We will, hopefully, never need to rely upon it, but every year there are hundreds of people who do. The Law Society is proud of the universal protection the HRA ensures, of the UK’s role in the creation of an EU-wide Court of Human Rights, and of the decisions made by that court. We believe that plans to replace it could result in a diminution of this universal protection and potentially be an attack upon the principles of Magna Carta itself.

But it is not just the HRA that is being held up by the weight of Magna Carta. In January, Lord Pannick QC referred to the Great Charter in the House of Lords while criticising government plans to limit judicial review. Part 4 of the Criminal Justice and Courts Bill will make it more difficult to challenge unlawful decision-making by government and public bodies. When they have behaved unlawfully, it is surely right that the courts should be able to say so. After all, it is a right that can be traced back to the provisions of that 1215 document.

Another legal concern relating to fundamental rights became prominent in the UK last month. The government announced plans to introduce legislation to regulate the use of pre-charge extended bail – specifically to limit it being extended beyond a 28-day limit. Placing a person on unlimited bail is seen by many as a violation of the principle outlined in article 39 of Magna Carta, that ‘no freemen shall be taken or imprisoned or disseised or exiled or in any way destroyed, nor will we go upon him nor send upon him, except by the lawful judgment of his peers or by the law of the land’.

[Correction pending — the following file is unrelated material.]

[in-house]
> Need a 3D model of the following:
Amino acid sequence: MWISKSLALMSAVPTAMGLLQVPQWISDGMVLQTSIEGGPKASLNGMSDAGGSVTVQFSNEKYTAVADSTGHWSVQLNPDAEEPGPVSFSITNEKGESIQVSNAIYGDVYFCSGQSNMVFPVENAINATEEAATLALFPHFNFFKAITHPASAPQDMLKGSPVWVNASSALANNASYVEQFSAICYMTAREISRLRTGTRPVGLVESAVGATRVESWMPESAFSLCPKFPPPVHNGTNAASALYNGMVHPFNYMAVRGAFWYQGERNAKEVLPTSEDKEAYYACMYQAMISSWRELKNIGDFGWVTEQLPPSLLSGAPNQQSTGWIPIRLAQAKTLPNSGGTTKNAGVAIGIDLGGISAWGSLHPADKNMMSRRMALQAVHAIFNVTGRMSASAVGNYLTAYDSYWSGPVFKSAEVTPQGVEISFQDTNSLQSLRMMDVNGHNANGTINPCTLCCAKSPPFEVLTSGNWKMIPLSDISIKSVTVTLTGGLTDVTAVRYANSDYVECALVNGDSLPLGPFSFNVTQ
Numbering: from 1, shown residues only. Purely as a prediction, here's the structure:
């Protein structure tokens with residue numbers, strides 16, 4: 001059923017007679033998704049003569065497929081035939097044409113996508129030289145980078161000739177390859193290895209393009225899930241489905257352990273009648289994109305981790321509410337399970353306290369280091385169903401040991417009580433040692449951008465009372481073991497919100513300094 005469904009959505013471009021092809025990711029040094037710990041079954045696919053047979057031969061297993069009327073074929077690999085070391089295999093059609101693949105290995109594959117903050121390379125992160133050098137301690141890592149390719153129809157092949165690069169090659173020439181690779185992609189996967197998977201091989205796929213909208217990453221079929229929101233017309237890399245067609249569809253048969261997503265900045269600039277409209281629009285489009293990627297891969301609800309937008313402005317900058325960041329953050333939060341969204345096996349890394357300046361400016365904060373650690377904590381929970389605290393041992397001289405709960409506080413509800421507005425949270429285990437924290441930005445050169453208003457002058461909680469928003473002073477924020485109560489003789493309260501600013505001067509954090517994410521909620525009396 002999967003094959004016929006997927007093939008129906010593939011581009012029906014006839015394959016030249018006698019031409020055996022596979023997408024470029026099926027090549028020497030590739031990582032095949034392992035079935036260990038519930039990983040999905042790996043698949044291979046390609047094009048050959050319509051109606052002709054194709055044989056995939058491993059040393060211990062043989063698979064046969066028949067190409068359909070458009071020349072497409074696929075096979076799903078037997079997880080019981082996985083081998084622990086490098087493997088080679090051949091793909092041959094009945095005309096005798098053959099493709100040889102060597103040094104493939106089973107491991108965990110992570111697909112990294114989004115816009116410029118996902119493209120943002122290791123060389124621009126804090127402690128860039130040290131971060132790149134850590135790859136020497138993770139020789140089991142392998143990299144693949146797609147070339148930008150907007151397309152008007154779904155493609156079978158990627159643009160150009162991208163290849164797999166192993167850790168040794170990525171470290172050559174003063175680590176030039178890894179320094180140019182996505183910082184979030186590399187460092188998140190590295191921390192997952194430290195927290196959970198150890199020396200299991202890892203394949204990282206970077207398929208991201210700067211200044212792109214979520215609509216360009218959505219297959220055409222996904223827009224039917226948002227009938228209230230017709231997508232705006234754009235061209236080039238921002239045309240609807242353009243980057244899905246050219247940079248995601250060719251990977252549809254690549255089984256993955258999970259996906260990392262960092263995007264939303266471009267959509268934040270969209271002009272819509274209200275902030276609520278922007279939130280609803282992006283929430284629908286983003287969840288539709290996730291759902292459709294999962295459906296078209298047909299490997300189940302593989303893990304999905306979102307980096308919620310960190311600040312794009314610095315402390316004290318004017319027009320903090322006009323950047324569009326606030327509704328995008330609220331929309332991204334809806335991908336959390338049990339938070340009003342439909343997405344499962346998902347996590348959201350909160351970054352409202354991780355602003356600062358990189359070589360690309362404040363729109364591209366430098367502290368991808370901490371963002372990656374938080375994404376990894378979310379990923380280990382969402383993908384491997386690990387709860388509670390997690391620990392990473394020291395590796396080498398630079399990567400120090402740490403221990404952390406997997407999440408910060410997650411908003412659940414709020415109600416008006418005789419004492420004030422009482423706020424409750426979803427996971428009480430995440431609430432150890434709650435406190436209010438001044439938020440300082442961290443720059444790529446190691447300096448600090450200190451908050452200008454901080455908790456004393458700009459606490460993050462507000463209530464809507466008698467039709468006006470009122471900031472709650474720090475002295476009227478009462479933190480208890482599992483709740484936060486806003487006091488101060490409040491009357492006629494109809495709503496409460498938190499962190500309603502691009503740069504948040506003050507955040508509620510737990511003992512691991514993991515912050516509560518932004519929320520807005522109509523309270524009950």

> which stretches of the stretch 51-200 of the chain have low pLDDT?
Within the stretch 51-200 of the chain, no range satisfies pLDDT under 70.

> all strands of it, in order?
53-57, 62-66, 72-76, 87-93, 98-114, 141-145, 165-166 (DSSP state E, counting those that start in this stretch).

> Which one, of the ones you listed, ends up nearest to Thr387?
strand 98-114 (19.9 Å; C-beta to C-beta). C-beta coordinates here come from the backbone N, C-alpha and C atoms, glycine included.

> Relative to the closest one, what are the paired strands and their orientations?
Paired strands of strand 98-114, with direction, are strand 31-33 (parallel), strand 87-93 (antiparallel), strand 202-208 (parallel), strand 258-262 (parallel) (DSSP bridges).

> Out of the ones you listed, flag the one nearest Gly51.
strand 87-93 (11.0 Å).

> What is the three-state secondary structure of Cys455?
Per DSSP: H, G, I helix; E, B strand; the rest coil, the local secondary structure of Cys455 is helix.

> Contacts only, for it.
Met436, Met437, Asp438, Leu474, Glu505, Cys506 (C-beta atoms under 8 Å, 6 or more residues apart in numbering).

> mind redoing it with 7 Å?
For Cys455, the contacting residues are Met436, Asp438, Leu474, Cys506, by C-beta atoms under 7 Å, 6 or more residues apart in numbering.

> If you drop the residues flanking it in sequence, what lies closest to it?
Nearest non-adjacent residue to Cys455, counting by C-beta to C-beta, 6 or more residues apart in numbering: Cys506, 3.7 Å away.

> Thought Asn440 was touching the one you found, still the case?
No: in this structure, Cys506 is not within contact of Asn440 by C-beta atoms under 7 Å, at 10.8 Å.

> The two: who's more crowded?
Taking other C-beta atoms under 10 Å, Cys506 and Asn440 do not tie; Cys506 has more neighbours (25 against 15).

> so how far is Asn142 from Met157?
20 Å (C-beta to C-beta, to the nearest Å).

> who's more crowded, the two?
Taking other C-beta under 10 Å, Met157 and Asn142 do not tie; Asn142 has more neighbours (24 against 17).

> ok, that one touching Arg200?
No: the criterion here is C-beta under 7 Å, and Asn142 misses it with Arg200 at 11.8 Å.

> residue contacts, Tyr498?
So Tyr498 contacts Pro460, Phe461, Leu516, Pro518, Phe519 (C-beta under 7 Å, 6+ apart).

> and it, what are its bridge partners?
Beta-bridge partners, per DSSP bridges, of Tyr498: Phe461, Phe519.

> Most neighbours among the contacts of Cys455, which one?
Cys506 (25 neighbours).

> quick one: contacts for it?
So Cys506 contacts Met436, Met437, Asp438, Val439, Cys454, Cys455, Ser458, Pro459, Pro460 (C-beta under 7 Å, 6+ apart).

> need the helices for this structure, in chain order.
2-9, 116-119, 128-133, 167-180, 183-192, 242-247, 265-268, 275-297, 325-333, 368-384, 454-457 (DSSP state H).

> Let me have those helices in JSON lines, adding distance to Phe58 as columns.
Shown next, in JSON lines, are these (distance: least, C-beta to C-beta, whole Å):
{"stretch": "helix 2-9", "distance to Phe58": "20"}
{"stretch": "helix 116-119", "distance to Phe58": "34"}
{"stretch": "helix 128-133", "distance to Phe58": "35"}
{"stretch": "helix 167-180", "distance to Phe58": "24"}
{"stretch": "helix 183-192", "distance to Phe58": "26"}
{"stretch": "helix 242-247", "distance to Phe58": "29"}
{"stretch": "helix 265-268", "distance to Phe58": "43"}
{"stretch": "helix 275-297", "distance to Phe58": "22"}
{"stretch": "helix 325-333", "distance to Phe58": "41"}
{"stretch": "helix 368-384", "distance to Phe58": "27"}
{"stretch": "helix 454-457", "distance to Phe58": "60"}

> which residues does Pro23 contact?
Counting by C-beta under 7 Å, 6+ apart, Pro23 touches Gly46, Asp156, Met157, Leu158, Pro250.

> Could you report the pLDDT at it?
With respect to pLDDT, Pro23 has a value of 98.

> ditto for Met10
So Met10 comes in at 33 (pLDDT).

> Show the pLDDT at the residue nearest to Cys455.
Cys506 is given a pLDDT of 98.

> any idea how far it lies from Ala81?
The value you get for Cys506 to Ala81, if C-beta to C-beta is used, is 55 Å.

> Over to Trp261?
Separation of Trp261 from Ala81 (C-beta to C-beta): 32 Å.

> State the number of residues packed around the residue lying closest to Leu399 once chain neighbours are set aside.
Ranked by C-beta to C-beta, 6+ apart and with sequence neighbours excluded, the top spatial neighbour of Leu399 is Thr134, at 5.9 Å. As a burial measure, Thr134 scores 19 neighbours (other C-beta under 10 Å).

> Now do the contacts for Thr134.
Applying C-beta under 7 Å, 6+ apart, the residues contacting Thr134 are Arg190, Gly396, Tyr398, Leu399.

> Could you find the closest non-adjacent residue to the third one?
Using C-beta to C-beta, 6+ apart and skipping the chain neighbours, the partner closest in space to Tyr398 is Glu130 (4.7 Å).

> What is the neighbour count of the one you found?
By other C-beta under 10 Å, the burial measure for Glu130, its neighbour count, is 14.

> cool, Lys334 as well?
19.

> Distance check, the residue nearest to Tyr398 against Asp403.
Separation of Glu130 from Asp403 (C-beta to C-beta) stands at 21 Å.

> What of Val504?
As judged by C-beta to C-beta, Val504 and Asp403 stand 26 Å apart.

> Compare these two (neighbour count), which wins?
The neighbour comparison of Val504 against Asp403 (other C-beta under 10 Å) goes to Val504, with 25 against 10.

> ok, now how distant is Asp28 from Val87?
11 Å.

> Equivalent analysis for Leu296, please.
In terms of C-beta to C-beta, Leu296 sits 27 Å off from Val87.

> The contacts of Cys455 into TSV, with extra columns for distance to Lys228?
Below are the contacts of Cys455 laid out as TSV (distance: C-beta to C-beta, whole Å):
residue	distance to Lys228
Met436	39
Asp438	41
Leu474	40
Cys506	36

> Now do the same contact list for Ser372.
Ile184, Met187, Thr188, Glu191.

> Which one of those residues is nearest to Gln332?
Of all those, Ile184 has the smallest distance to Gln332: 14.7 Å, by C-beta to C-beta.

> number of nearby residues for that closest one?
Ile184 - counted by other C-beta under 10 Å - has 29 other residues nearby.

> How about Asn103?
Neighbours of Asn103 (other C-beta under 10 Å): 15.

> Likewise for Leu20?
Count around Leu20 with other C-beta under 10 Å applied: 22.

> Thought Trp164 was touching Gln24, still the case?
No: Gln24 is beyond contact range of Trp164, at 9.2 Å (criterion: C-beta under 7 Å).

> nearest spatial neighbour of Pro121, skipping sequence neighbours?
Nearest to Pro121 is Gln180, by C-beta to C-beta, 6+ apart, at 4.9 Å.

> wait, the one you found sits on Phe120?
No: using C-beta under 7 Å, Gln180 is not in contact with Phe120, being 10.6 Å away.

Promoting and supporting Magna Carta as part of our commitment to the rule of law and access to justice has been – and will remain – a key priority of my year as president. This is why we will be both celebrating and commemorating this important anniversary. We have already called on our members for HRA case studies.

The Graham Turnbull human rights essay competition has a Magna Carta theme. Upcoming events include: a lecture on 15 March, ‘The Life and Times of the Human Rights Act’ with Jonathan Cooper and Lord Black of Brentwood; a speech by the master of the rolls Lord Dyson on 22 April; Magna Carta Day in June; and a continued defence of the need for the HRA in the coming months.

In this 800th year since the sealing of this great document, we are concerned that the HRA, our closest relative of the document, faces dissolution. As the world looks to the UK as the forerunner of human rights, dilution of the rights of our citizens does not set a good example. Does it undermine our moral authority to speak up against abuses elsewhere? Does it allow other countries to justify their misconduct by pointing to our own less clear example?

Human rights should never be used as a political tool. Any changes should broaden guarantees of rights rather than seek to limit them – especially in a year when we are celebrating the birth of our fundamental freedoms. It is surely what the remembrance of Runnymede deserves.

Andrew Caplen is president of the Law Society